2. elongated lengthwise of the duct,
2. An air intake for a turbojet aircraft engine, comprising a duct extending lengthwise rearwardly to the engine inlet from a forwardly opening mouth, said duct having wall portions defining transversely curved interior surfaces which extend lengthwise substantially parallel to the longitudinal axis of the aircraft and which comprise top and bottom interior surface portions and opposite side interior surface portions, said duct being characterized by: A. the curvature of one of said side interior surface portions being on a substantially larger radius than that of the top and bottom interior surface portions; B. said interior surface portions also comprising a small radius portion connecting saId side interior surface portion and the bottom interior surface portion; and C. a slot through the wall portion that defines said small radius portion, said slot being
2. elongated lengthwise of the duct, and
2. elongated lengthwise of the duct,
3. said slot being adjacent to the bottom of said interior side surface to have one of its longitudinal surfaces comprise substantially a downward continuation of said interior side surface of the duct, and
3. defined by surfaces oriented to direct air into the interior of the duct obliquely upwardly and rearwardly along said side interior surface portion.
3. An air intake for a turbojet aircraft engine comprising a duct extending lengthwise rearwardly to the engine inlet from a forwardly opening mouth, said duct having a wall that defines interior surfaces which extend substantially parallel to the longitudinal axis of the aircraft and which comprise transversely arcuate top and bottom surfaces and a substantially flat side surface, said duct being characterized by: a slot through the duct wall,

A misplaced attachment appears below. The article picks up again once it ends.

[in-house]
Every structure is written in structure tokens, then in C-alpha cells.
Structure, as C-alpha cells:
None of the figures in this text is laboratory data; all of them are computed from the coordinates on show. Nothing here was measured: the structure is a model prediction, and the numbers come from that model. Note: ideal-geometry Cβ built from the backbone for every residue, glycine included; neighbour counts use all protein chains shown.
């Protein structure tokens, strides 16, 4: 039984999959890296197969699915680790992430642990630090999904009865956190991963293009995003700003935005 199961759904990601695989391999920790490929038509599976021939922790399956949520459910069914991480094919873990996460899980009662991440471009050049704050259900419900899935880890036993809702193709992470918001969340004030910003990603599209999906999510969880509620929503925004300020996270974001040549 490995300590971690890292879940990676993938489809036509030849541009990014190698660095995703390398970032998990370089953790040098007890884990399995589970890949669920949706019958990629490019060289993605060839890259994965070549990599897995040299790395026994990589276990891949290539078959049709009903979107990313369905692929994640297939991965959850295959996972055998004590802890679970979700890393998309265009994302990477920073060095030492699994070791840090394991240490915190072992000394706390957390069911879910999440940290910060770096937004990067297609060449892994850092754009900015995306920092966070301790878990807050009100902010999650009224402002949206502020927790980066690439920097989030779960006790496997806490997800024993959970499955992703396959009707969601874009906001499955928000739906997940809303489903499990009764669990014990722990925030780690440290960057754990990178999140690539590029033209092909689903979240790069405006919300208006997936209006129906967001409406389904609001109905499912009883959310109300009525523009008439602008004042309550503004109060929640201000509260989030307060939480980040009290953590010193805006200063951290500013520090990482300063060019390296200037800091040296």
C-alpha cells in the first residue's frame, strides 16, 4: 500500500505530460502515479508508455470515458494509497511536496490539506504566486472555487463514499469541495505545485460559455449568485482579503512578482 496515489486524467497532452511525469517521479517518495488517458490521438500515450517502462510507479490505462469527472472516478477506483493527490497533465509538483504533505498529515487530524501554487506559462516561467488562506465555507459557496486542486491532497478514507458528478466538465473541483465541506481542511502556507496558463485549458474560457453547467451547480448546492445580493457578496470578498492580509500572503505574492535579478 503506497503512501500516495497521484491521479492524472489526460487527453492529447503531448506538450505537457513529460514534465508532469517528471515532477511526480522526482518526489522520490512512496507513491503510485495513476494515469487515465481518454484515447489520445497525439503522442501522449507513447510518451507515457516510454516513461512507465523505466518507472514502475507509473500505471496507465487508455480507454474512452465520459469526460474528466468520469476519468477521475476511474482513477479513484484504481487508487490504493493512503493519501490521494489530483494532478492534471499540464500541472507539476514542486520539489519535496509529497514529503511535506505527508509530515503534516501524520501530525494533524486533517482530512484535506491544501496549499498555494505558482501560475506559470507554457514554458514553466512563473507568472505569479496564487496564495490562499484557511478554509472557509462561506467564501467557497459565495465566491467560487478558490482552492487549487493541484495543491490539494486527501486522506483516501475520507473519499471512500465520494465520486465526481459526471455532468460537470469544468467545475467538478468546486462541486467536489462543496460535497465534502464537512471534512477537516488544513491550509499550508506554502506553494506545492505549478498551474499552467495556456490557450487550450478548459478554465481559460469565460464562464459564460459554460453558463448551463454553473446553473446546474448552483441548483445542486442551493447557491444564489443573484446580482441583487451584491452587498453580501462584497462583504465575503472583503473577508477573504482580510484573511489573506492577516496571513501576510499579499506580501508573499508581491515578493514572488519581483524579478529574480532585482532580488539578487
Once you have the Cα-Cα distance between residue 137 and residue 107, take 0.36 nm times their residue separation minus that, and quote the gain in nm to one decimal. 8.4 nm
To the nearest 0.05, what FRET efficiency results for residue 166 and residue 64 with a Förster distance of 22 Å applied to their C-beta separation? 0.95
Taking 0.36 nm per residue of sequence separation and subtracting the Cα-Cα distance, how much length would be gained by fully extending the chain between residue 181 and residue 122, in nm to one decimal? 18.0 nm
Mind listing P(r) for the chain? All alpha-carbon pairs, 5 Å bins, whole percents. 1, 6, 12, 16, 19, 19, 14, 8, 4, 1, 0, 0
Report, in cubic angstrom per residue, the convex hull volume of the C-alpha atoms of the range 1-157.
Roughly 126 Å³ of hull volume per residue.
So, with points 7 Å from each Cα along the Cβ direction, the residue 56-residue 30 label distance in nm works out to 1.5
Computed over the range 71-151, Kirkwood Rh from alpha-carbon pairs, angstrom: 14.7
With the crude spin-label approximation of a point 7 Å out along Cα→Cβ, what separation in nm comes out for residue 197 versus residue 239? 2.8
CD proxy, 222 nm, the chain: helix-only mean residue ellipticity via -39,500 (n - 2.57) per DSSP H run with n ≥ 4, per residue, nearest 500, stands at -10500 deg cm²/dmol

3. defined at its rear by a surface portion which extends generally obliquely rearwardly and radially inwardly relative to the duct and is convexly curved to merge with said one surface, and
4. oriented to direct air along an interior surface of the duct that extends between said weather and said lee surfaces, in a direction obliquely rearwardly and generally from said lee surface to said weather surface, so that the slot counteracts the tendency for a transverse secondary flow to develop in the boundary layer of said surface between the weather and lee surfaces and overcomes the tendency for the boundary layer along said lee surface to have a lower velocity and stagnation pressure than that along the weather surface, thus insuring that the stream of air entering the engine inlet will have a substantially uniform distribution of velocities and stagnation pressure circumferentially around the inlet.
4. said slot having its other longitudinal surface joining the bottom interior surface of the duct at a substantially sharp angle so that the longitudinal side surfaces of the slot cooperate to direct air obliquely upwardly and rearwardly along said interior side surface of the duct.
4. The air intake of claim 3, further characterized by: a downwardly projecting lip on the duct wall defining a convex downwardly divergent extension of the first mentioned longitudinal surface of the slot.
US3583661A 1968-06-24 1969-06-23 Air intake for turbojet aircraft engine Expired - Lifetime US3583661A (en)

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US3765623A (en) * 1971-10-04 1973-10-16 Mc Donnell Douglas Corp Air inlet
US3806067A (en) * 1971-08-30 1974-04-23 Gen Electric Area ruled nacelle
US4378097A (en) * 1980-11-24 1983-03-29 The Boeing Company High performance submerged air inlet
US6527224B2 (en) 2001-03-23 2003-03-04 The Boeing Company Separate boundary layer engine inlet
US20050029402A1 (en) * 2001-10-18 2005-02-10 Massimo Lucchesini Aircraft configuration with improved aerodynamic performance
US20050261820A1 (en) * 2004-05-21 2005-11-24 Feeney Mark E Method of monitoring gas turbine engine operation
JP2008105671A (en) * 2006-10-26 2008-05-08 Boeing Co:The Air inlet apparatus used in relation to high-speed airborne mobile platform and used on fuselage of jet aircraft, aircraft and method for forming inlet on outer surface of fuselage of jet aircraft